Debbie: Everyone has pet theories. I think the only thing that makes sense is the massive volcanic event about fifty thousand years ago that created what is now Lake Toba up in north Sumatra. It created a biographical divide. You get the Malayan tapir down here but not up there. You get the Thomas’s leaf monkey up there but not down here. In recent geological history it was the biggest volcanic event. It was absolutely immense and would have caused massive habitat destruction right across Sumatra and into Malaysia.
All I can think is that surviving animals down here would have had to become terrestrial. They would have found themselves with very few trees.
Me: But fifty thousand years is a very short time for something to change so radically.
Debbie: What you could suggest is that fifty thousand years is not a long time for something to change its muscles. Maybe there wouldn’t be much skeletal change, there would be some but not a lot. But the main change would be in the muscles. An adaptable animal that is being forced to walk erect. Gibbons can walk erect so perhaps another, larger ape could become bipedal. Speciation that’s what makes the most sense.
Me: What do you think of reports of other bipedal apes in Asia?
Debbie: I don’t believe in the abominable snowman. My father was in Tibet and saw what he was told were yeti tracks but they turned out to be bear footprints. They are just too big. I think three-meter tall apes are too big. Maybe there has been exaggeration through fear. I don’t believe in things like bigfoot. The yeren in China might exist. Orang-utans like in China in the Pleistocene. It could be speciation in the orang-utan. The forests of Assam might be a good place to look as well.
Me: Thank you
Debbie also showed us a cast of an orang-pendek foot print taken a few years previously in the jungle surrounding the lake. It was about 8 inches long and did not resemble a yeti or Sasquatch foot print. It was much less human looking. It had four longish toes at the front and the big toe was placed further back along the side of the foot. The toes all looked more prehensile than a human’s but less so than any known ape’s.
Debbie believes that the orang-pendek’s masterful camouflage has developed to protect them from tigers. The creature can freeze and resemble a tree stump fooling a primarily visual predator.
Orang-pendek has also been seen in trees so perhaps the once arboreal, now terrestrial ape is beginning to evolve back into a tree dweller. There is no competition from orang-utans in the west of Sumatra as they are confined to the north of the island.
Debbie also believes that early Dutch explorers may have collected orang-pendek specimens without knowing what they were. Bones and skin from this cryptid may be languishing in the basements of Dutch museums mislabeled as orang-utan!
Outside a massive black eagle flew low over the houses casting an impressive shadow and reflecting in rain puddles.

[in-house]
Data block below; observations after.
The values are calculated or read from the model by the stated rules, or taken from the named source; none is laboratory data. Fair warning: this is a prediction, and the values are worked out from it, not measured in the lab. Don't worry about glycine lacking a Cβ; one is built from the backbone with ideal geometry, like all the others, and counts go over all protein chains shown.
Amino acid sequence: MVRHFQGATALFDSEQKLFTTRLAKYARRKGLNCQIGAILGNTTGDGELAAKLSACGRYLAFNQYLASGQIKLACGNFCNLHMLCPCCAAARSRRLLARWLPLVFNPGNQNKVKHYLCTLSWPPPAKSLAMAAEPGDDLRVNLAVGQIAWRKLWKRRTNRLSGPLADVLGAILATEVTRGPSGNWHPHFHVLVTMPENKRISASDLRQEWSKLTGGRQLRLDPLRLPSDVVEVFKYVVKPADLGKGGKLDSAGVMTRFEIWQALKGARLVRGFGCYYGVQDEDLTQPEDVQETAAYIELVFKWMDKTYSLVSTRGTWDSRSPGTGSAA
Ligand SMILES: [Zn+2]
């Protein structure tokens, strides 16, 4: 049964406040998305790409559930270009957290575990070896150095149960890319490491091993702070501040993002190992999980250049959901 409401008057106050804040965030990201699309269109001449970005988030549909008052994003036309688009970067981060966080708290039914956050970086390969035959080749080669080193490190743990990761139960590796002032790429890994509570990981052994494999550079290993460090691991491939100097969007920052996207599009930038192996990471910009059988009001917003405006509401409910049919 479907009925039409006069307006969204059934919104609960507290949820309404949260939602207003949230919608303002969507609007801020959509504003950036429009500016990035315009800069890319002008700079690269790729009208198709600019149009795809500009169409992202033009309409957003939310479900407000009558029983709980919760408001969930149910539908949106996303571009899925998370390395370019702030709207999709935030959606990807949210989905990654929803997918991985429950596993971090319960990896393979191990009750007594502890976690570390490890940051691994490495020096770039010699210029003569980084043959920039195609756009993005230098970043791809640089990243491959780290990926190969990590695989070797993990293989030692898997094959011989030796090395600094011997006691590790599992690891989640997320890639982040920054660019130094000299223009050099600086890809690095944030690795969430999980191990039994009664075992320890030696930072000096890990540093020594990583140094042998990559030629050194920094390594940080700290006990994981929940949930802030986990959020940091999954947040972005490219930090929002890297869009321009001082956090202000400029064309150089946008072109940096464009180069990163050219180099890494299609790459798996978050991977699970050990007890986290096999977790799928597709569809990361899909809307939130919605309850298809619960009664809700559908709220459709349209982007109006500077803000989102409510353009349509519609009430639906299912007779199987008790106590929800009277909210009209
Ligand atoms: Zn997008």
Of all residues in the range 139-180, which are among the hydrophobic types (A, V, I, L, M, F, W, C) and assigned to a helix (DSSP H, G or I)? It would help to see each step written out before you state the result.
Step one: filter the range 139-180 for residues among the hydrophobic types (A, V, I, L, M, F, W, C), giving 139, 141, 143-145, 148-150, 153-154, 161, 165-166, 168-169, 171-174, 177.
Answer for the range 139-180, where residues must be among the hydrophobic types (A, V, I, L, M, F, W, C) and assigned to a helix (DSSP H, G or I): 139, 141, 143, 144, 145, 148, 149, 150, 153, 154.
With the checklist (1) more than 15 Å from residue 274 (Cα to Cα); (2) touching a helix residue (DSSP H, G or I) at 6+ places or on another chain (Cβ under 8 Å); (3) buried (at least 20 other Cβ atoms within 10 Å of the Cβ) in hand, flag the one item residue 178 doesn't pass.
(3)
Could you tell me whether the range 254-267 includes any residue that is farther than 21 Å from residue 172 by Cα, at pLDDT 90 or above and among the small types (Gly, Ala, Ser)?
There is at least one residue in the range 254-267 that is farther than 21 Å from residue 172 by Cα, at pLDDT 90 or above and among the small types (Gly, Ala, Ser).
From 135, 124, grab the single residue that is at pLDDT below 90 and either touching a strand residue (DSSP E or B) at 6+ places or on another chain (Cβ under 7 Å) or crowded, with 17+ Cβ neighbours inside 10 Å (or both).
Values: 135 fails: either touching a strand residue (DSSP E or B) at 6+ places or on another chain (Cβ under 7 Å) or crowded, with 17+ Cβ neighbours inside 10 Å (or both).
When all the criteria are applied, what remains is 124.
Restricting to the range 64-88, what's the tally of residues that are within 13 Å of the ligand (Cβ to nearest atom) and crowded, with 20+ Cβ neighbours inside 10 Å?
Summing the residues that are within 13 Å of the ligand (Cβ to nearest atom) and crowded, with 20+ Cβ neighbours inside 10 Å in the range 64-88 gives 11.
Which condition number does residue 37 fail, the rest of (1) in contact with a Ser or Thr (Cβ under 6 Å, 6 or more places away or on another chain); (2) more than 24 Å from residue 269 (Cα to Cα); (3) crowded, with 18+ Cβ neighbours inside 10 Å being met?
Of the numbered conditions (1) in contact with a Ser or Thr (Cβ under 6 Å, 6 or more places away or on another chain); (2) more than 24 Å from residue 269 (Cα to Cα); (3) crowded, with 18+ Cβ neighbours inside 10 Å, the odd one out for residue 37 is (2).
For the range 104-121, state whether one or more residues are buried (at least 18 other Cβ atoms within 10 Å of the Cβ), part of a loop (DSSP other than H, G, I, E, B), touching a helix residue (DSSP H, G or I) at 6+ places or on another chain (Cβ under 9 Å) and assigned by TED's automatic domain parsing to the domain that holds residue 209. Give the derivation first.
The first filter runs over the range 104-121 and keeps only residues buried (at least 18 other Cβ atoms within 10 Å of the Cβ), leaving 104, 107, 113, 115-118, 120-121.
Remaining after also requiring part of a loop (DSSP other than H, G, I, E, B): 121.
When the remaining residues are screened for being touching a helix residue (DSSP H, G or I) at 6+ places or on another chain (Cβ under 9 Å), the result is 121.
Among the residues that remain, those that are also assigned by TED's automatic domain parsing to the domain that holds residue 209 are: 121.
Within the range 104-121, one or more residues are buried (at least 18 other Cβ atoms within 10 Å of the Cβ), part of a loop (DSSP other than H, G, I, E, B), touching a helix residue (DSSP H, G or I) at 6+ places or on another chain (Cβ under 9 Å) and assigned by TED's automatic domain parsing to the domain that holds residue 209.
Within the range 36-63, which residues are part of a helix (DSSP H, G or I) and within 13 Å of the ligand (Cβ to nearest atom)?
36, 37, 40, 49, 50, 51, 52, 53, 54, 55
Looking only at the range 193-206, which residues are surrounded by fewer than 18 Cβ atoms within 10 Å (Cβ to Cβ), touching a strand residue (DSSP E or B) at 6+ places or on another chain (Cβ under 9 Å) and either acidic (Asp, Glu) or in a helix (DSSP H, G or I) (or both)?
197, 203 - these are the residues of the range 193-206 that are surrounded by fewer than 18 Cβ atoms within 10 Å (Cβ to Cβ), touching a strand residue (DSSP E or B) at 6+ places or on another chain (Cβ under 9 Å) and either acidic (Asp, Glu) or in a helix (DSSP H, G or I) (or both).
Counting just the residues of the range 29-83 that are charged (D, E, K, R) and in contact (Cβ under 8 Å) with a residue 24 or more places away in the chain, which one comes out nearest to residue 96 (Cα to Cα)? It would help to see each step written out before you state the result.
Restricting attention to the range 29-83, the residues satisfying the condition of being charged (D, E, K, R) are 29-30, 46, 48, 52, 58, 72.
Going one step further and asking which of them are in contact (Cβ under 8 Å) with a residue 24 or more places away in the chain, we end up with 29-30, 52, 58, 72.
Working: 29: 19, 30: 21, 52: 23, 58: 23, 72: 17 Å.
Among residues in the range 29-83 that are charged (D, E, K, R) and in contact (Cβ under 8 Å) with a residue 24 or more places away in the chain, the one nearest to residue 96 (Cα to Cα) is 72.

Debbie then translated for Sahar as he told us of his late father’s encounters with both orang-pendek and the cigau.
In the 1980s Sahar`s father and a friend had been cutting logs to build a house close to were the village of Polompek now stands. The area has long since been deforested. Both men saw a bipedal ape lifting up cut logs and throwing them about. It was covered in blackish brown hair and was about five feet tall. The hair on the creature’s spine was darker. It’s legs were short and it’s powerful arms were long. The face was broad and was black in colour with some pink markings. Both men fled.
Back when Sahar`s father was a bachelor (as Sahar is the same age as me this would have made it some time during the 1960s) he saw the cigau. Kerinci trades with other parts of Sumatra. They exchange rice for goods like silk. Sahar`s father and four other men were traveling a trade route. The path led through the jungle. One of the men had committed a great taboo. He had eaten rice straight from the pot rather than waiting for portions to be given out.
In the dead of night the cigau came from the forest to claim him. It stalked right into their camp and dragged him off into the darkness. It was smaller but stockier than a tiger. It had a silvery lion like mane and golden fur. Its forelegs were longer than it’s back legs like the build of a hyena. It had a short, tufted, cow like tail. The men searched the jungle franticly for their lost comrade but when they found him he was minus a stomach, disemboweled by the cigau.
It would be easy to dismiss the cigau as a piece of folklore, the wrath of the jungle sent to punish transgressors but if you recall similar attributes are given to the very real tiger, for example the tiger becoming angry at those who go naked in the forest.
Sahar`s father also spoke of a cigau who laired near a fallen tree that formed a natural bridge over a river. It would swim out and devour those who slipped into the water.
Debbie also commented that she had many recent reports of the cigau in water. Most of them mentioned it flinging back it’s mane to shake of the water.
It is worth pointing out two things at this point. Whilst on the trail of the naga in Thailand I was told of the popular belief in a golden, lion like cat in the Thai jungles. The city of Singapore was founded after a nobleman saw a golden lion in the jungle were the city now stands. Singapore means “lion city”.
Also as mentioned before, crocodiles are absent from this mountainous part of Sumatra. Ergo a big cat could enter water without fear of being killed by a crocodile.
We were also told of the beliefs of Sahar`s people that the progenitor of their clan was transformed into a tiger. They maintain that shamans of there clan can commune with jungle spirits among who the tiger is foremost.